The AI Revolution is On

"The computers are in control. We just live in their world."

Volvo's CIO drives business agility

Magnus Carlander, CIO of Volvo Group runs a real-time business. To deliver high value at low cost, he seeks synergies among the company’s divisions and offers IT services that truly support the business.

"The better we can standardize what can be standardized, the more agile we can be on things that need to be agile." - Magnus Carlander, CIO Volvo Group. See the interview at


From Jeremy Schwartz

"As background - I am an Executive Client Manager at Gartner in our Executive Programs.  Gartner is a research and advisory company with offices world wide.  In my role I work with CIO's across multiple industries on their key initiatives.  Prior to Gartner my background was as a Project/Program Manager.

One of the themes I plan to introduce tomorrow is that of the Business Value of IT or that the only value of IT is Business Value.  Or in another words IT can not be agile simply for agilities sake.  Agility must be aligned with the corporate goals.  IT can no longer think of itself as a different animal or talk of IT-Business alignment.  IT is part of the business and to talk of alignment is to imply that IT is less valuable.  With the introduction of new services/technologies (e.g. the Cloud) IT must change is self destructive behavior or see its role in the organization and its budget shrink as more and more non-differentiating functions are outsourced.  One of the growing trends we are seeing is non-IT executives being made CIO and conversely truly effective CIO's being promoted to non-IT positions, e.g. COO.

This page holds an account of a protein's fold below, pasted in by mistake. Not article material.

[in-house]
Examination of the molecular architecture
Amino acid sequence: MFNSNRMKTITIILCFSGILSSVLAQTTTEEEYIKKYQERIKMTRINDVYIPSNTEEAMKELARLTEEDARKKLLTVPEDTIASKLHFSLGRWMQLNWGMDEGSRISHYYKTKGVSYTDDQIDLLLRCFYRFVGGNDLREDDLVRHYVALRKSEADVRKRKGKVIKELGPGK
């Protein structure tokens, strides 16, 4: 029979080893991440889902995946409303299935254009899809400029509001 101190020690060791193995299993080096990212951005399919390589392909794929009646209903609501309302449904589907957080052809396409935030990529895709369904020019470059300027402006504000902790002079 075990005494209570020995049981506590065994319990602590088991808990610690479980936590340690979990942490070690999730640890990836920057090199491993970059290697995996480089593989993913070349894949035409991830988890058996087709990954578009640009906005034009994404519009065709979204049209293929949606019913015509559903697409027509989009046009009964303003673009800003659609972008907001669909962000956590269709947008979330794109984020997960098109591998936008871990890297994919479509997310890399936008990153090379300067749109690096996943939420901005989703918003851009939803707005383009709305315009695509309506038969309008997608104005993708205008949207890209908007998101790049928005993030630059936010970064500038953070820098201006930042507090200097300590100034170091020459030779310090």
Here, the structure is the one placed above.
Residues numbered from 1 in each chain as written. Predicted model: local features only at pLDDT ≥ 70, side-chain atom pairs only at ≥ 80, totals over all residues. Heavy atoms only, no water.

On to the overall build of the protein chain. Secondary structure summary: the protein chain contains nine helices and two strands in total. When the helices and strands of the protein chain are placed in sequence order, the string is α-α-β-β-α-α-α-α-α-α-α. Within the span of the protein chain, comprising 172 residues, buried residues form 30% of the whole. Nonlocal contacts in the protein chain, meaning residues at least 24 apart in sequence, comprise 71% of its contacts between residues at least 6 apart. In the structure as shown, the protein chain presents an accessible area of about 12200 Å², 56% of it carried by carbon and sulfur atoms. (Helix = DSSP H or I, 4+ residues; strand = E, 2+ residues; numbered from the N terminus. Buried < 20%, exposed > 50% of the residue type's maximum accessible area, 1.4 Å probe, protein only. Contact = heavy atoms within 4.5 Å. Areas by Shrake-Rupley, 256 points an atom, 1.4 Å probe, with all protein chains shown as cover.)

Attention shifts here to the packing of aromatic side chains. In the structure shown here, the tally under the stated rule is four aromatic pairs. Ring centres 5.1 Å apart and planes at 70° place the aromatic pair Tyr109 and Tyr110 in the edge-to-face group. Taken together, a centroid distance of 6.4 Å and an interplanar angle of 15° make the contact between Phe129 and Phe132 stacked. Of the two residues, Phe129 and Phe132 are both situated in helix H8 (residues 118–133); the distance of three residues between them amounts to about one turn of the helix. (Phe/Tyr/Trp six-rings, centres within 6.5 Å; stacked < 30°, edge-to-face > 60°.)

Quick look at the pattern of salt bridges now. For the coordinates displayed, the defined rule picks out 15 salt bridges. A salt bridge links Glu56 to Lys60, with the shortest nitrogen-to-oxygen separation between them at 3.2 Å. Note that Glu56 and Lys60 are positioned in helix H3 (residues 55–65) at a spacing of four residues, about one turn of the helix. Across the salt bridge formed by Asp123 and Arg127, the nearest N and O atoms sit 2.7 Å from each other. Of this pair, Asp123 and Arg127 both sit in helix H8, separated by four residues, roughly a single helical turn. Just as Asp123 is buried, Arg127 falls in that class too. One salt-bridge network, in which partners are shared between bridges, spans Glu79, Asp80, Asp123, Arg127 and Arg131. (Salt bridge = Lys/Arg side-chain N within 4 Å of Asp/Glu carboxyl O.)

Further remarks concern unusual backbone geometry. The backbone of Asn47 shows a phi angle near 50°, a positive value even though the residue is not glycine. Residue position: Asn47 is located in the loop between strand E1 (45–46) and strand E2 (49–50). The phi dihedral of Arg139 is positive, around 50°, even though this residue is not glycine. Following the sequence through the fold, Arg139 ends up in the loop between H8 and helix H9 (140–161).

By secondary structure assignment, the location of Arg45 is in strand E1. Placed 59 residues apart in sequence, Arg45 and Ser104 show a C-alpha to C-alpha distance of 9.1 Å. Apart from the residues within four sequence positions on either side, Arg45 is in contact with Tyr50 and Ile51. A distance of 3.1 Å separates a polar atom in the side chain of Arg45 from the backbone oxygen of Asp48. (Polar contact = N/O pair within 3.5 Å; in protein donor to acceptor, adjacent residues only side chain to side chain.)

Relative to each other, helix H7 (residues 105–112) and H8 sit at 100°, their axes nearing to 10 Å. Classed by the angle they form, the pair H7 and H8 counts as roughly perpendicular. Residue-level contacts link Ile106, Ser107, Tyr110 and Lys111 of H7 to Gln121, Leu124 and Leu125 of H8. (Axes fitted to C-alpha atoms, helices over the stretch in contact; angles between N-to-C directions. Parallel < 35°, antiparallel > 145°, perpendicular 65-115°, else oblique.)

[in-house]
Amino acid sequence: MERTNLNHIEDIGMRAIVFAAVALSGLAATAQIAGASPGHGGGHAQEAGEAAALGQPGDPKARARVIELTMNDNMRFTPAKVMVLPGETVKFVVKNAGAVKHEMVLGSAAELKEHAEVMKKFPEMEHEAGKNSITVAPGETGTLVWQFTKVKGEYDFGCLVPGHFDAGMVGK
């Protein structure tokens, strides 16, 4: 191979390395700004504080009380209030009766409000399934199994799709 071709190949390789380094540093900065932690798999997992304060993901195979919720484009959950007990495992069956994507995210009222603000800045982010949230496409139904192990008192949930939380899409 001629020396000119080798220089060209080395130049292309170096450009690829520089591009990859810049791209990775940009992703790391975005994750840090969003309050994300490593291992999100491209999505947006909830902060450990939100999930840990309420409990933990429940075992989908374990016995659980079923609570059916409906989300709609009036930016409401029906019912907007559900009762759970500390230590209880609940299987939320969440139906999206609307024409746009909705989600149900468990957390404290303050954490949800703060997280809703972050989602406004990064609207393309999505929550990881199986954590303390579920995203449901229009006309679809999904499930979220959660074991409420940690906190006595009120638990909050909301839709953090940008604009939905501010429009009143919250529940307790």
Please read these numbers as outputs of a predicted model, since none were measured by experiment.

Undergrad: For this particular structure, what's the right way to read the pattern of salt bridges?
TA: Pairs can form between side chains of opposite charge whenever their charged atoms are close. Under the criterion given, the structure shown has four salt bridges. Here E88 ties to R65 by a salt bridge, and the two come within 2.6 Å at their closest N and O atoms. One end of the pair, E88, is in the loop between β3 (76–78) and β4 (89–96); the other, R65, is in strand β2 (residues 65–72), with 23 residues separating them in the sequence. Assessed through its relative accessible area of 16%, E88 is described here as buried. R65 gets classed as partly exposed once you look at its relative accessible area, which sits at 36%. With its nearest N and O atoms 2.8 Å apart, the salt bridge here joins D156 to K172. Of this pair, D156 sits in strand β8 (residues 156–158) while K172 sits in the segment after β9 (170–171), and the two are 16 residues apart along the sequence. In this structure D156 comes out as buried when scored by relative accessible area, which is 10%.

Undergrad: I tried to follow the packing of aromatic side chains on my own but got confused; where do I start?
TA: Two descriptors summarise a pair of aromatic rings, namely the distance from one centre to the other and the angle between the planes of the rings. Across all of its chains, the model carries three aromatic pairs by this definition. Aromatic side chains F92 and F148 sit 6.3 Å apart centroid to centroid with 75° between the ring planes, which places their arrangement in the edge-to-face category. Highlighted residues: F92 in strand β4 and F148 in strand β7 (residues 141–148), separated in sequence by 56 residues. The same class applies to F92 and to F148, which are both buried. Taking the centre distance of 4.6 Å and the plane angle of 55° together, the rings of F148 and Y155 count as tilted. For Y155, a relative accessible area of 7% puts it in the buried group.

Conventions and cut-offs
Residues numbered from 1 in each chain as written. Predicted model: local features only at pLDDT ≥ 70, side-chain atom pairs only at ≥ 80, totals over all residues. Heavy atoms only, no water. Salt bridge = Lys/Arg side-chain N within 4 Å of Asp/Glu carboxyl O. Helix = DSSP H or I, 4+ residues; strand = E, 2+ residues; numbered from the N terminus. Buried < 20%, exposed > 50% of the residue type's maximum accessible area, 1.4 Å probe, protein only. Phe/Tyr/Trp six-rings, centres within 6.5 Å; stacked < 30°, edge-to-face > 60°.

From Brent Comstock

"I am the the Program Manager for Cox Communications residential customer Identity Management program. Cox is the the third largest cable system operator in the United States, with over 6 million customers. Prior to Cox I worked as an IT consultant, mostly performing process optimization design for large multi-national corporations.

I don't know that I have a theme to introduce, but I am keenly interested in understanding how to better enable my team to respond effectively to rapid change. Being the "delivery guy", I often am charged with providing additional capabilities with less budget and fewer resources. Process change can help improve efficiency, but my teams are at the point where I see that there must be additional approaches employed in order to improve our effectiveness. Changes in the needs of the markets we serve, combined with an increase with organizational change, have the potential to overwhelm my abilities to manage, and the team's abilties to pro-actively adapt. I recognize that this is a commonly recognized issue for nearly all corporations today, and am seeking thought leadership and best practices that can be put into practice for my teams next week.

I look forward to lunch tomorrow, and in meeting the members of the panel.

Brent Comstock
IDM Program Manager